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Productivity Commission Amendment (Addressing Inequality) Bill 2017 – 10 August 2017

Senator REYNOLDS (Western Australia) (11:15): I, too, rise to speak on Senator McAllister’s private senators’ bill, the Productivity Commission Amendment (Addressing Inequality) Bill 2017. What I have just heard from those opposite in this debate is what I would characterise as nothing short of left-wing ideological hubris. For Australia, not just is it great hubris and arrogance for anybody in this place to say they have a mortgage on moral compassion; but this bill is about much more than that. It’s not about reducing the cost-of-living pressures on Australian families, it’s not about reducing the cost of energy prices, and it’s certainly not about economic growth and jobs. It is simply about another big bureaucracy. Somehow you can wave a magic wand and, by doing more studies and more surveys by the bureaucracy, that will change inequality.

But it is not only about that. More importantly—and, perhaps, more sadly—for Australians, this issue of inequality is all about Labor’s re-election in two years time. At the last election we had ‘Mediscare’—remember that? In 2014 we had the mother of all scare campaigns, and now we have ‘inequality’. It is very clear from what the Labor Party are doing already that the next election will employ the same tactics of fear, division and envy—just as they did on their outrageously incorrect campaign that lied—instead of actually inspiring, motivating and talking about positive policy, directions and the things we actually need to do in this country to grow our economy, reduce inequality and raise wealth, which is about economic growth and about jobs. Those opposite have a long, sad history of the politics of envy. Far from developing and locking in social cohesion, they are actually the enemies of social cohesion, because what those opposite have just said again is all about pitting Australian against Australian. There is nothing cohesive, there is nothing positive and there is nothing redeeming about the strategies of those opposite.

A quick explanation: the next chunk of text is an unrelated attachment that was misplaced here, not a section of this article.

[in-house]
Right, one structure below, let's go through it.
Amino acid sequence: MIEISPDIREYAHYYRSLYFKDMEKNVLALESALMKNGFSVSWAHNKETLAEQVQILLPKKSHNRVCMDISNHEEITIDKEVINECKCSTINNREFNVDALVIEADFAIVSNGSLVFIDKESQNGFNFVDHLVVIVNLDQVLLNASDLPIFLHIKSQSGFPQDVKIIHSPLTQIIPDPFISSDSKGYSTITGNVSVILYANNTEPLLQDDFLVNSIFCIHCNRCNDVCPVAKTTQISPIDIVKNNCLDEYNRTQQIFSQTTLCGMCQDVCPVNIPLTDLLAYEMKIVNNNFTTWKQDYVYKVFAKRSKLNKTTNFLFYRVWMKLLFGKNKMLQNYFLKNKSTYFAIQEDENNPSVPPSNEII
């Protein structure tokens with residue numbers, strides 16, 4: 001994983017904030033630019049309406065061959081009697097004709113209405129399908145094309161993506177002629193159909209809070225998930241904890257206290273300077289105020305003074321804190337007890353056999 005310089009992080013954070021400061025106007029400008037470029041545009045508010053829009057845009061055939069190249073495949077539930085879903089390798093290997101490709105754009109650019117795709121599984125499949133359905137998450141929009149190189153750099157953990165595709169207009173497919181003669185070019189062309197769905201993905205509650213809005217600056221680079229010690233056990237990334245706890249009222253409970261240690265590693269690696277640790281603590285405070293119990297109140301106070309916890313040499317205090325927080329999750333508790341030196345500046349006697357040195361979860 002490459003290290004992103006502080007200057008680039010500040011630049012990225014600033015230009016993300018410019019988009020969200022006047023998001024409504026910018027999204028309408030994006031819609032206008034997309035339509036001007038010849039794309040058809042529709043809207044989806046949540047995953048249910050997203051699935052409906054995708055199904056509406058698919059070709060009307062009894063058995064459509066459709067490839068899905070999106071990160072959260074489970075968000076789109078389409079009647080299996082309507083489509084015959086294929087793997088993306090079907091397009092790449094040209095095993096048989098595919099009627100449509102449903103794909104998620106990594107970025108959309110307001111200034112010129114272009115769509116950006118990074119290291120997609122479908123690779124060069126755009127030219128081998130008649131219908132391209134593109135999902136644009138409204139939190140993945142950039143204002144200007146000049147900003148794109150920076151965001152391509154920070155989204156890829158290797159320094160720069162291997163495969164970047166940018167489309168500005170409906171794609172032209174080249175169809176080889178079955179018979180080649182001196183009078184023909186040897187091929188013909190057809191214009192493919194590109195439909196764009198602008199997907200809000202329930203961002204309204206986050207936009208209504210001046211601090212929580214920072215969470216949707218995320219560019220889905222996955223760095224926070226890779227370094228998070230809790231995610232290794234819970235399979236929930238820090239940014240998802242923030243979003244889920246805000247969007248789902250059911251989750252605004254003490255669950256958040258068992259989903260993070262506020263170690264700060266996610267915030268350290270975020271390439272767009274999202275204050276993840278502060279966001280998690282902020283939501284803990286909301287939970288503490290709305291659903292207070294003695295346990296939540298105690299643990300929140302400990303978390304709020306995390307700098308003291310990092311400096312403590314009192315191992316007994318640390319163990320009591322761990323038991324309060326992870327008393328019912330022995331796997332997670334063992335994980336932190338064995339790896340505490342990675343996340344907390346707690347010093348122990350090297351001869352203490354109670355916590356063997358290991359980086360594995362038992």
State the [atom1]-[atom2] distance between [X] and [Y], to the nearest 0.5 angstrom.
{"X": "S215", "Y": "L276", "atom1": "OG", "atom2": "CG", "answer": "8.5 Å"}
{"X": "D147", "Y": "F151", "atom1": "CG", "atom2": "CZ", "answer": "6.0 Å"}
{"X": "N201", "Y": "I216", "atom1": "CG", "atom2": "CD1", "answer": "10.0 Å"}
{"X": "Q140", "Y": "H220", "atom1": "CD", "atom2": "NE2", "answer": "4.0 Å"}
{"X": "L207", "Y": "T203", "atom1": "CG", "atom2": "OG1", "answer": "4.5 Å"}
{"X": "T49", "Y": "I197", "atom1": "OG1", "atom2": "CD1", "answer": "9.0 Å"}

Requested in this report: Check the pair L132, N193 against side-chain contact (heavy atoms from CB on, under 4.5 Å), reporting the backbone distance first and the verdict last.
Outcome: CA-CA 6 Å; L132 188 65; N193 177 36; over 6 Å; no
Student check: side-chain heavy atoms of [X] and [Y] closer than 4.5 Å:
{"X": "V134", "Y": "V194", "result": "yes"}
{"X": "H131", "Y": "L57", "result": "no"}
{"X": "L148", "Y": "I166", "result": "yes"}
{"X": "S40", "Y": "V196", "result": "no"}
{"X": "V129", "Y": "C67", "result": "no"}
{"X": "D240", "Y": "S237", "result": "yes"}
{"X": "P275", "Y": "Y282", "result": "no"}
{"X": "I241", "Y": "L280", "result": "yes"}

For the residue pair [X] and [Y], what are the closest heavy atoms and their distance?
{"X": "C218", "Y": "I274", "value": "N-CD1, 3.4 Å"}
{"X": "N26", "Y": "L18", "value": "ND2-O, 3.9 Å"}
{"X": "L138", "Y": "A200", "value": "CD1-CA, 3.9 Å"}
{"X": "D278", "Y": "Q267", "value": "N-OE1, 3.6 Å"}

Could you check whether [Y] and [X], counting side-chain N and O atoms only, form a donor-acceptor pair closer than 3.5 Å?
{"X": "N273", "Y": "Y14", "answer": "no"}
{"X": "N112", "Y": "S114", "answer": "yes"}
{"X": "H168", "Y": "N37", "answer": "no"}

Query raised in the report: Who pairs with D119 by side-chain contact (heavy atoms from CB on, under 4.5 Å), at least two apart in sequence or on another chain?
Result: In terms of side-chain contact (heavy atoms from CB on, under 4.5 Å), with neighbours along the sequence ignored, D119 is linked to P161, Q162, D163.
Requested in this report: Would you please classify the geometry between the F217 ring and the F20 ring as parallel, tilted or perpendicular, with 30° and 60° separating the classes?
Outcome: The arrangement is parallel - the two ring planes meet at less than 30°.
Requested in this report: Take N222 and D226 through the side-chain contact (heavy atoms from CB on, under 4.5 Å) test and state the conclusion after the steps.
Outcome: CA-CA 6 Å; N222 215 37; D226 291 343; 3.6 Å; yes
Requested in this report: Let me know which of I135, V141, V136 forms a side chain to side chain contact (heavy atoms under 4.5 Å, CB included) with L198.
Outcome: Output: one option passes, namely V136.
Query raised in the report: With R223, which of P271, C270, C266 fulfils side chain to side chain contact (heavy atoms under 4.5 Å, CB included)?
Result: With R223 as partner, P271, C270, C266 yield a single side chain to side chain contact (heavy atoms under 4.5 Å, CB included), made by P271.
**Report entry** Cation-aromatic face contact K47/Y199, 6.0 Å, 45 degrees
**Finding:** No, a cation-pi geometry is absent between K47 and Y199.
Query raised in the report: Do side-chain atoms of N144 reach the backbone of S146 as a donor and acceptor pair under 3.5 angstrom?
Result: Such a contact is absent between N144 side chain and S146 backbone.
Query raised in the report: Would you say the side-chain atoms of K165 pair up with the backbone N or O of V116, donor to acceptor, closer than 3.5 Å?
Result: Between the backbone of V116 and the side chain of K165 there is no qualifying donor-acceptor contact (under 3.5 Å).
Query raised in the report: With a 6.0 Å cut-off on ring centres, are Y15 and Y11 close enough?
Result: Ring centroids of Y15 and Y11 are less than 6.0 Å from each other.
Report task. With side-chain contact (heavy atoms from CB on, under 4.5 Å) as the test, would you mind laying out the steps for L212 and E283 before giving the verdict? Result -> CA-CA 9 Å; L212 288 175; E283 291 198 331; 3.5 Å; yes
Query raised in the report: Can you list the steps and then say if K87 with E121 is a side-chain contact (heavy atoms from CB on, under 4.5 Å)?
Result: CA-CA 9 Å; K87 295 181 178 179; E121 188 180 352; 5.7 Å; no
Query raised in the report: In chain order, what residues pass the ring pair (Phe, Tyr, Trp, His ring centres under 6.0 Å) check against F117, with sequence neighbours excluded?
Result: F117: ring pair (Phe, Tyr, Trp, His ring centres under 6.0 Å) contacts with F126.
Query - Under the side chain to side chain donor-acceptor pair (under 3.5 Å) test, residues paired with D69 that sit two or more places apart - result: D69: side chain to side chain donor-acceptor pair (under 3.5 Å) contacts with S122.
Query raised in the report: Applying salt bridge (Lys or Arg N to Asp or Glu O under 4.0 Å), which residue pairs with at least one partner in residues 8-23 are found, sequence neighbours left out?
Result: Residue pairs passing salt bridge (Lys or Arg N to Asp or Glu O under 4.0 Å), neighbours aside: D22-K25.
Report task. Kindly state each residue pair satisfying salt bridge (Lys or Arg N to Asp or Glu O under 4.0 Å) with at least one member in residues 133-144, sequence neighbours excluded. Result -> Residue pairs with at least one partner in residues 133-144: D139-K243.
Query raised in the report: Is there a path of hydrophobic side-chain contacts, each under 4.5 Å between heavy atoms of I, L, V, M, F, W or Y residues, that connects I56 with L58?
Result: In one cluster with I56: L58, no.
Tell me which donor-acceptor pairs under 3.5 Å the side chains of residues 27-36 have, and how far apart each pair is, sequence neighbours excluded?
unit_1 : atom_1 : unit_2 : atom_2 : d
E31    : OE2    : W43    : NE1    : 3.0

Sadly, for Australia and for all Australians—and for Australian democracy, I believe—the ALP is clearly taking the low road once again. Their tactics are not only those of ‘Mediscare’ from the last election; we can clearly see we are going to be hearing one word, ‘inequality’, over and over again between now and the election. This is straight out of the playbooks of Corbin and Sanders. It’s: ‘Let’s find an issue and a word that can be as divisive as possible.’ But it’s not just about division and the politics of envy and that base level of scaring people anymore; it’s actually also a huge lurch to the left, which is, as I said, straight out of the playbooks of Corbin and Sanders. A big new department and bureaucracy to tell us what is wrong without providing any way of implementing change for growth is a complete and utter waste of time. What’ve they done? They’ve picked a single word, and I guarantee, Australians, you will be hearing that word for the next two years. As Medicare was at the last election, it will become their new mantra, over and over again. They will continue to demonise those on this side of the chamber—we’re the nasty opposition; you’re the only ones who care about Australians. Of course, everybody who is in this chamber is here because they want to leave Australia in a better place. The difference is we disagree fundamentally on how we actually get there.

To channel the great Maggie Thatcher—and it is clearly inherent in this bill yet again—’The problem with socialism is that you eventually run out of other peoples’ money.’ That is something that those opposite time after time clearly do not understand. Again Maggie Thatcher said, ‘There is no such thing as public money, only taxpayers’ money.’ The last speaker was again talking about expending all of this money, as if somehow that will fix all social and economic problems in this country. Of course it won’t. The question is: where is the money going to come from?